- - Monday, July 16, 2018

ANALYSIS/OPINION:

Major League Baseball brings its annual summer All-Star classic to our nation’s capital this week. The best ballplayers, representing every MLB team, gather in one place for a fun-filled series of baseball events, including the All-Star Workout Day and the Home Run Derby. Friend and foe come together, setting pennant races and team loyalties aside for a couple of days, and everyone simply enjoys the remarkable game that is America’s pastime.

Baseball has a history of bringing people together. Nearly a century ago, different ethnic neighborhoods in certain U.S. metropolitan cities had huge animosity toward one and other, except on game day. Baseball bridged the divide.

Jackie Robinson’s name is forever etched in history, not because he was a U.S. senator or a war hero, but because he brought the races together via America’s favorite game. No. 42 paved the way for integration in all kinds of institutions, pubic and private, by gracefully handling the slings and arrows launched his way while he played a game. Not just any game though. He played the magical sport of baseball.

What is it about baseball that brings people together? Father and son, neighbor with neighbor and, gasp, baseball even unites, if only for a few hours, Democrats and Republicans.

What if we could bottle and export the mystical healing elixir that is baseball? While we can’t really bottle it, one man has a vision of exporting it to some of the most troubled parts of the globe to see if we can duplicate baseball’s unique healing and unifying effects there.

Kemp Gouldin is the man with the vision. He believes if Jackie Robinson and baseball could play a role in bringing our country together, maybe baseball could serves as an equally effective tool in the Middle East. Maybe children and families playing our beloved pastime can heal some of the divide there.

Mr. Gouldin is a sales and marketing executive. He has traveled much of the Middle East and says he developed a heart for the region and its people, “but conflict seemed to be the rule of the day.” His travels in Egypt led to what he calls his epiphany moment. All the lessons of U.S. baseball, family, culture and race began to crystallize in his mind. Surely America isn’t the only place the sport could have such a positive, healing influence.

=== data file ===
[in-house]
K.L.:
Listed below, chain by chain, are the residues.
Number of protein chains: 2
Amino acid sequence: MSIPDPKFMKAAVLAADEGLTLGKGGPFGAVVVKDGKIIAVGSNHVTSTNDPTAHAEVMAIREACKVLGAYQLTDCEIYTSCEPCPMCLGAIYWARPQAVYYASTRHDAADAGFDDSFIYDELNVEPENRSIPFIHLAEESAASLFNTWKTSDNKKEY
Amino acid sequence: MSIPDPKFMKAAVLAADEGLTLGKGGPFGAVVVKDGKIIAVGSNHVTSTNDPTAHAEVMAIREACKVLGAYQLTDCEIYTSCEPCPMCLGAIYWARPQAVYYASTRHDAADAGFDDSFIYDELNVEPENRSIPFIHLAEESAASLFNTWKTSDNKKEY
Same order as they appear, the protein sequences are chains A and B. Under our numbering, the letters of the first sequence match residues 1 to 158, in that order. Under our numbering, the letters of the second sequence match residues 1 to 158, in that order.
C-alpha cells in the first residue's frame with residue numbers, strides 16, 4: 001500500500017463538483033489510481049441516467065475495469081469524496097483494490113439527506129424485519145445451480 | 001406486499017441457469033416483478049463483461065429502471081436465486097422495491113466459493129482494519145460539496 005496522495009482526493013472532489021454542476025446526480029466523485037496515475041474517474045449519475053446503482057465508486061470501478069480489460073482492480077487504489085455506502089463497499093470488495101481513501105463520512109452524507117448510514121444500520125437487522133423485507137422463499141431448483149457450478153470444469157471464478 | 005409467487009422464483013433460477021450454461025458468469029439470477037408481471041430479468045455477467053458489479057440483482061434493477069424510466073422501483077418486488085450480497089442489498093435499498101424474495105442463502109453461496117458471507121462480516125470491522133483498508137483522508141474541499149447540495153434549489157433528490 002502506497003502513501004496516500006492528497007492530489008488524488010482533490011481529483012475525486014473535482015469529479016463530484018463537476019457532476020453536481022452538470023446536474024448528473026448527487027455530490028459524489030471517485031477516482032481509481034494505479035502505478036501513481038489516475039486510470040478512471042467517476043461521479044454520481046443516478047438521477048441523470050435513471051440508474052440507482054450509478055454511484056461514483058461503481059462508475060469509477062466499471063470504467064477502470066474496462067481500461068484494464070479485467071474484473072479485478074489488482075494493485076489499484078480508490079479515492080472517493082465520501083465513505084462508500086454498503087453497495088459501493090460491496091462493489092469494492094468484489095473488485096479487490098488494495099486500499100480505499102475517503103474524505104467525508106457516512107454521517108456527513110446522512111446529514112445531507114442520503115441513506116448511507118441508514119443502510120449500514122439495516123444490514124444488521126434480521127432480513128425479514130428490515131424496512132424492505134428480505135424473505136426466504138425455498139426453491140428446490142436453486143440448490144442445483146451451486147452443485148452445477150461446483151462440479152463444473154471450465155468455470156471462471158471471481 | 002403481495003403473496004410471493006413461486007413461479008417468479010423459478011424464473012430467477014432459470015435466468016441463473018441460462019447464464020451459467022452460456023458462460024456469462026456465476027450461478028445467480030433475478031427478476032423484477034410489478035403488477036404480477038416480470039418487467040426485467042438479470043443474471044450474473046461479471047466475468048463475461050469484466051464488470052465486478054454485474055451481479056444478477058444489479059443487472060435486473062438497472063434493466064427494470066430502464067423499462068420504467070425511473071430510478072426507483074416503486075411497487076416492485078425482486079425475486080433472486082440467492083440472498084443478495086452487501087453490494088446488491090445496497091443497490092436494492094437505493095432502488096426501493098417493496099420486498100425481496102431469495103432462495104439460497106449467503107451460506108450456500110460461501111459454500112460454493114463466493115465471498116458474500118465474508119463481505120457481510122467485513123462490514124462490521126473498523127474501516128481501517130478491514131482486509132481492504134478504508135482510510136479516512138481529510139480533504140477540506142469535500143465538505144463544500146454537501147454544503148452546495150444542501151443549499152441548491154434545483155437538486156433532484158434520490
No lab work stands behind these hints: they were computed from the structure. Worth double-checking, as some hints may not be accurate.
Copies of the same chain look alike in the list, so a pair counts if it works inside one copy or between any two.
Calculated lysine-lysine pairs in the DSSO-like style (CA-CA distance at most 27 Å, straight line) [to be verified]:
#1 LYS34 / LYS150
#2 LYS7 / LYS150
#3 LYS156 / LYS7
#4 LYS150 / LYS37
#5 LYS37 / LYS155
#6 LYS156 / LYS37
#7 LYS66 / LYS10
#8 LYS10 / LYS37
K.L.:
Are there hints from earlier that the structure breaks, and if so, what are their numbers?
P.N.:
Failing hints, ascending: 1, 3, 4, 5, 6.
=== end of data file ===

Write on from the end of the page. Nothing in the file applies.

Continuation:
Ironically, Mr. Gouldin’s own organized playing experience is limited to a single season of T-ball, but his Richmond, Virginia, childhood was full of neighborhood ball games and he speaks warmly of his dad yelling “Pop Up” throwing balls to Kemp and his brother. The family went to see the Richmond Braves, a minor-league affiliate of Atlanta, play and Kemp watched names like Glavine, Smoltz and Jones make their way through the ranks. His love affair with the game was cemented when he landed an internship with the San Francisco Giants.

As Mr. Gouldin began to explore the concept of taking the bat, ball and bases to the Middle East he found some interesting history. In Egypt, there are drawings from 400 BC from the Temple of Philae in Aswan that appear to show pharaohs holding a bat and ball. Could some version of baseball have been in the south of Egypt 2,500 years ago? Archaeologists seem to think so.

More recently, Albert Spaulding took professional baseball to Egypt and around the globe. In 1889, the Chicago White Stockings traveled the planet playing games against the NL All-Stars. In 1914, the Chicago White Sox and the New York Giants made Egypt part of their world tour.

In 2018, Kemp Gouldin wants to do more than put on an exhibition in Egypt. He wants to plant the seeds of something that will grow and prosper. It was with that in mind that Mr. Gouldin founded Because Baseball. Since 2016, he has made 10 trips to Egypt specifically for the purpose of bringing organized baseball to children there. With the help of the GABR Foundation and some very influential friends at Major League Baseball, Mr. Gouldin is enjoying early success. What started with some fund raising from family and friends grew into assistance from Chris Marineck at MLB. MLB Partner Pitch In for Baseball helped get equipment for 100 kids and one year ago the first Egypt program became a reality.

In the United States, Because Baseball has support from the San Francisco Giants, the Oakland A’s and the Washington Nationals. Overseas, Mr. Gouldin wrangled some ex-pats with a love of baseball to commit to help and found several Egyptian adults who were willing to give their time. He says the easiest part was finding interested kids.

His goals moving forward are to have multiple leagues in multiple countries within five years and he hopes within 10 years to have Middle Eastern kids competing internationally against one and other. You can hear the excitement in his voice when he says, “Who knows, maybe in 15 years we’ll have our first MLB draft pick from the Middle East.”

The biggest needs for Because Baseball are partners and kindred spirits. It takes money to run any program and Egypt provides fertile territory for this growing this one. Mr. Gouldin points out there are 75 million people under the age of 25. This year, Because Baseball is expanding the number of children in Egypt with eight teams of 8- to 12-year-olds near Cairo, and Mr. Gouldin says they have two orphanages participating.

Kemp Gouldin is using baseball to bring the world together, one at-bat at a time.

To learn more about Because Baseball and/or to learn how you can help, visit BecauseBaseball.org.

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